While those that already started projects are reaping big, it is challenging to convince other women to take the same road. I moved with the team to Kitagwenda district, where they had gone to help women start up the same groups. We visited three groups of women; Kyandema Tukwatanise group, Kyabatimbo Women’s Tweyambe group, plus one other, whose members were yet to agree on a name.
The groups had one thing in common, they expected to receive handouts on day one. I realized how difficult it is to preach mindset change. According to the women, they had been told by their leaders, that a team of experts was visiting to teach them skills to make soap, shoes, and many other products. Also, that their leaders would bring the market to buy their produce.
This is why government and Non-Governmental Organizations working with women need to pay more attention to mindset change, before pumping money into projects that do not live to pass the first birthday. The request by Patrick Turyamureeba the Mayor for Kitagwenda and one Councilor Twikirize Ruth was to have the women skilled in order to develop themselves.
Most of these women live hand to mouth, working in people’s plantations for a paltry 3,000 shillings a day. These women live in trading centers and pay rent, they also take care of the children as their men drink alcohol from morning to evening. Any organization that promises to help them is welcome, as long as that help comes in form of free money.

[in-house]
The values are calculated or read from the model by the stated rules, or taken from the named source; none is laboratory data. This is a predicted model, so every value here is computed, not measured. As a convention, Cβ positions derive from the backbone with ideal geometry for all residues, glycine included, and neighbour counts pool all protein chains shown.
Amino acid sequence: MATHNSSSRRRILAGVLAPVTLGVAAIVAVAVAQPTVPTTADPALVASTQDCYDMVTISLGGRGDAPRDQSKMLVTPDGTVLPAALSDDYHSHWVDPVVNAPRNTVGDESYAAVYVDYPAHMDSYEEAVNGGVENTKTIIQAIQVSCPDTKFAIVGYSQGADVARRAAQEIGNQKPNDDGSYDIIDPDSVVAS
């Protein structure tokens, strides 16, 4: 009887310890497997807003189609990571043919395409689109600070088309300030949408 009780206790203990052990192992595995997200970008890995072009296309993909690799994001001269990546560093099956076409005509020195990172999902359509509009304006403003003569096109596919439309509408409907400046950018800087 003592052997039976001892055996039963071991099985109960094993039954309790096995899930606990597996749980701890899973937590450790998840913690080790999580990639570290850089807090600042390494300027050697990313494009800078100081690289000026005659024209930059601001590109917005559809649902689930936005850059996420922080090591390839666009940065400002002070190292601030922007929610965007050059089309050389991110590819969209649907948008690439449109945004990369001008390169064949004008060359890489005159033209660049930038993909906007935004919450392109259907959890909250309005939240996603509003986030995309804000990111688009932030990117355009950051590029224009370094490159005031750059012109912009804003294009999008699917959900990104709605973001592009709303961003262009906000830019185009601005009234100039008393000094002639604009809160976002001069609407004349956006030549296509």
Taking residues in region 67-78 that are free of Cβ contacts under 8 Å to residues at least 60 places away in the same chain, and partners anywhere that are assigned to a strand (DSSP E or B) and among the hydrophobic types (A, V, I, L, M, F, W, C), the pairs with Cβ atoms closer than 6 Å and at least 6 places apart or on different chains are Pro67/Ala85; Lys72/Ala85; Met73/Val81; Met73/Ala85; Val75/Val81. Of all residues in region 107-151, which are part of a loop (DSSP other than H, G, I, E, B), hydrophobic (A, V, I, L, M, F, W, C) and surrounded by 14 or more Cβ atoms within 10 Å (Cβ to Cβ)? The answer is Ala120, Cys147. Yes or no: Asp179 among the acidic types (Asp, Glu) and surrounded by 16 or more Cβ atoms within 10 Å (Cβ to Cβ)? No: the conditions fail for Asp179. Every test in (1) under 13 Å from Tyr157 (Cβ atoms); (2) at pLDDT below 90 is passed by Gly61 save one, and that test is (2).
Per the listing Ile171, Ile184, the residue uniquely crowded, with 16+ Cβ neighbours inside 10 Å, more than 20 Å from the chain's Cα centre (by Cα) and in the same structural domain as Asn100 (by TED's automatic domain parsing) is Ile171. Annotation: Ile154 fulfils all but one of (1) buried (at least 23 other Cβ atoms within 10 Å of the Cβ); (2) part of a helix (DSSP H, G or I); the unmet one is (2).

When Ahimbisibwe asked them to form groups, save some money, and then wait to be trained, most of them immediately lost interest in the project. To them, this was a long process they cannot seem to wait for. The government is talking about mindset but less is being done on the ground. The handouts these women confessed to receiving during elections from their MPs and other leaders have left them crippled that they believe everything should come for free.
For Ahimbisibwe, introducing different skilling projects and teaching these women about saving is one way of leading them to the independence preached by their leaders. At least, in every group of women we met, 15 or so were committed to joining. Despite their interest in different kinds of skills, a decision will be made by the trainers, taking into consideration the market in each particular area for each product and ability by the women to do this long term.